Too bad because, for the rest, this is one of the best three-starred I was lucky enough to visit.

Now, as I told you, I am in Australia. Yet I want to talk about a restaurant where I was a few days ago. In Perl Nenning, in Germany, a town of about 1000 inhabitants a few kilometres from the border with Luxembourg. Here is the youngest three-star Michelin’s chef in Germany: Christian Bau. Owner and creator of the Victor’s Fine Dining which he runs in collaboration with his wife Yildiz.

Bau is the head, heart and soul of Victor’s. All the stars have arrived with him driving and nothing happens if he doesn’t decide so.

The restaurant is next to a hotel, also equipped with a casino. Although the place is not beautiful, I must admit that the interior of Victor’s is really appreciable. The room is narrow and long, while the tables, as well as the seats and the display of the wines, make the location absolutely fantastic.

The first thing that catches my attention are the glasses for water: there are two. One for the sparkling, with a red spout inside it useful to recognize it, and one for the natural, with a blue spout.

I immediately order the menu. It’s called Paris-Tokyo and is clearly for tasting. Bau‘s dishes are wonderful, beautiful to behold. The precision of the chef is obsessive: every element of the dish must be placed in a precise point, counting also the millimetres.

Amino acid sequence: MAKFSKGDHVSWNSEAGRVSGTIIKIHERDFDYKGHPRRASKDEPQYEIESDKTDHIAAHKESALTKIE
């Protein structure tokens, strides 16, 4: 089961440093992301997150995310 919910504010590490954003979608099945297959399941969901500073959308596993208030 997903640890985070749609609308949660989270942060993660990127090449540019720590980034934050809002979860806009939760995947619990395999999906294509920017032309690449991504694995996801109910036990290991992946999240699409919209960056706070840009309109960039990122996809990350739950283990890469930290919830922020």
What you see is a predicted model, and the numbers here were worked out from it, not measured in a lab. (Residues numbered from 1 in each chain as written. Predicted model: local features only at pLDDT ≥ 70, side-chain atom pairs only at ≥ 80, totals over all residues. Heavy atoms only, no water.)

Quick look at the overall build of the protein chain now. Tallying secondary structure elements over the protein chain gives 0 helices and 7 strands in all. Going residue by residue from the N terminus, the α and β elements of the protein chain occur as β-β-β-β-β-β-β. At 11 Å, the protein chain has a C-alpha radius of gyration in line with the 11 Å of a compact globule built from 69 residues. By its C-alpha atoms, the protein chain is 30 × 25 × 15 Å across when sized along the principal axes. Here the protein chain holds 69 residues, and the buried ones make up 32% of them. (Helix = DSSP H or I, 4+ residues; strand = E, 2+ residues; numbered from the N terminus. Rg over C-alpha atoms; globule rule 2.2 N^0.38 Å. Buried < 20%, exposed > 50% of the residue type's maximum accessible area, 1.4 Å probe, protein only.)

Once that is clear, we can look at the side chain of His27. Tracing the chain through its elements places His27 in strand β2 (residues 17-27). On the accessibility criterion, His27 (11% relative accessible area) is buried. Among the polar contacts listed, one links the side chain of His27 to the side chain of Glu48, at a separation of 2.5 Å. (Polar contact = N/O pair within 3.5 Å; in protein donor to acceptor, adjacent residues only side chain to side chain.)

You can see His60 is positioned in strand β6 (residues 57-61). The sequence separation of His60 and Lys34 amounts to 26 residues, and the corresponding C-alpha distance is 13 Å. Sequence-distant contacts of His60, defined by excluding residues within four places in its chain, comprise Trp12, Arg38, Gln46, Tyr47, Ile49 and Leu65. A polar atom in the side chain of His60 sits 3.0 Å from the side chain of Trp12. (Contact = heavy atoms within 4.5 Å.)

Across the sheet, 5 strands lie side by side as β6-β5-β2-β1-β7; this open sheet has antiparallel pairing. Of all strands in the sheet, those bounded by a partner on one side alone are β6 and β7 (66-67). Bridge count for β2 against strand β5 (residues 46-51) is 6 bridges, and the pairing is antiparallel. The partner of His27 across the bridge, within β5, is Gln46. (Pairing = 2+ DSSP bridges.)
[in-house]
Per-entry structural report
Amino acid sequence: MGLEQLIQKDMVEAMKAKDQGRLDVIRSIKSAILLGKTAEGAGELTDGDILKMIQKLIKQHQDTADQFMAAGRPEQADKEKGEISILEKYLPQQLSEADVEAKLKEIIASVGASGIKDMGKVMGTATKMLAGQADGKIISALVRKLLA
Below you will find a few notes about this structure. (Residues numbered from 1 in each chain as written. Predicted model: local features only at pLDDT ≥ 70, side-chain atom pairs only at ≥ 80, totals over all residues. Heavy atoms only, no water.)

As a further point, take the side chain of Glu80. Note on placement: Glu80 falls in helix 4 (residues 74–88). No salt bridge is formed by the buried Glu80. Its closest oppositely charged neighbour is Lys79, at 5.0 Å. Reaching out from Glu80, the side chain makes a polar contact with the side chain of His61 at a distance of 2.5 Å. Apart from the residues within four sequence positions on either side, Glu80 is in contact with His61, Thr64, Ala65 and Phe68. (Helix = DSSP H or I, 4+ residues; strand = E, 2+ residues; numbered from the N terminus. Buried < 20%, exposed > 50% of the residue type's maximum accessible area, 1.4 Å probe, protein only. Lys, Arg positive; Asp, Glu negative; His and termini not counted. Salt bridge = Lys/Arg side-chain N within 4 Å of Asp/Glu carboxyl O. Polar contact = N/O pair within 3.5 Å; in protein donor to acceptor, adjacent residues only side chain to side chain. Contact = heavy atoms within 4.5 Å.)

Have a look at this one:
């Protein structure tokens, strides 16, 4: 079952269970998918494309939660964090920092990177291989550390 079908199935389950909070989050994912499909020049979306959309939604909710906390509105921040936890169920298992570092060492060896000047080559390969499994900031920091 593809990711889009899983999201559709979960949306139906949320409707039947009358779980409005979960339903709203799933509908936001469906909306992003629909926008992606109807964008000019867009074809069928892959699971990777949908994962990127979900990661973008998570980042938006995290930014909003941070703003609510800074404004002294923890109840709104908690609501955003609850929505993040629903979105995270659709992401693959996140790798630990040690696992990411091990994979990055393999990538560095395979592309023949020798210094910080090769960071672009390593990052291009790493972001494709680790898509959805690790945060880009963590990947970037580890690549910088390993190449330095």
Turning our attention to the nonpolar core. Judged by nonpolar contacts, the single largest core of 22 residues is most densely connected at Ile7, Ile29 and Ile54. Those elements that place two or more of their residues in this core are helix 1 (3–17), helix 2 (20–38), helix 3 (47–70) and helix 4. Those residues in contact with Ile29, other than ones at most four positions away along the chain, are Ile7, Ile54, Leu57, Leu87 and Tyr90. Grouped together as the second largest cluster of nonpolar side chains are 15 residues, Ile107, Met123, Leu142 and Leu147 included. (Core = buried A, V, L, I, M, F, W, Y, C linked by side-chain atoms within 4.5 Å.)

It starts with the amuse bouche: tuna tartare, avocado sauce, a salted macaron and the scallop seasoned with cedar.

Then tortellini with truffles and hazelnut butter, but what amazes me is the bread. I’m talking about a beautiful loaf of soft wheat, to be drizzled with drop-drop oil thanks to a small pump. As I speak of an exquisite bread with 5 cereals to taste with French salted butter.

We continue with the langoustine, served with a foam of the langoustine itself. In this dish the butter may feel a bit too much, but we cannot say that the dish is not tasty.

Crab with watermelon balls and shrimp broth, and Atlantic cod fillet with caviar, chives and parsley water. Very good.

We continue with some very interesting fried fish, a fillet of mackerel with peeled potatoes and puffed rice and a slice of salmon with a basil ice cream.

The moment of meat arrives: Kobe. Unfortunately, this is the only dish of chef Bau that I could not finish. There are different degrees of fat for Kobe: the meat that I had contained too much of it. The fact is that it disgusted me from the first bite and I was forced to send it back. Too bad because, again, the plating gave me goose bumps: onions as a container with a basil juice inside, some leaves cooked in tempura, a cube of red turnip, liver and a small liver ice cream.

We finish with sweets: a pre-dessert with vanilla ice cream, puffed rice, meringues and mint water. And then the real ending: a lemon meringue with strawberry ice cream, a pistachio morel, a white chocolate disc, a raspberry rebuilt with chocolate and two bonbons with lime jelly.

Victor’s Fine Dining would have taken a very high mark, if I didn’t consider the wait and the not really uplifting attitude of chef Christian Bau. For the quality of the kitchen and the almost maniacal precision of the German chef. Some factors, however, like the outdoor restaurant (almost a casino guesthouse), cannot be ignored.

Final rating: 3 beards.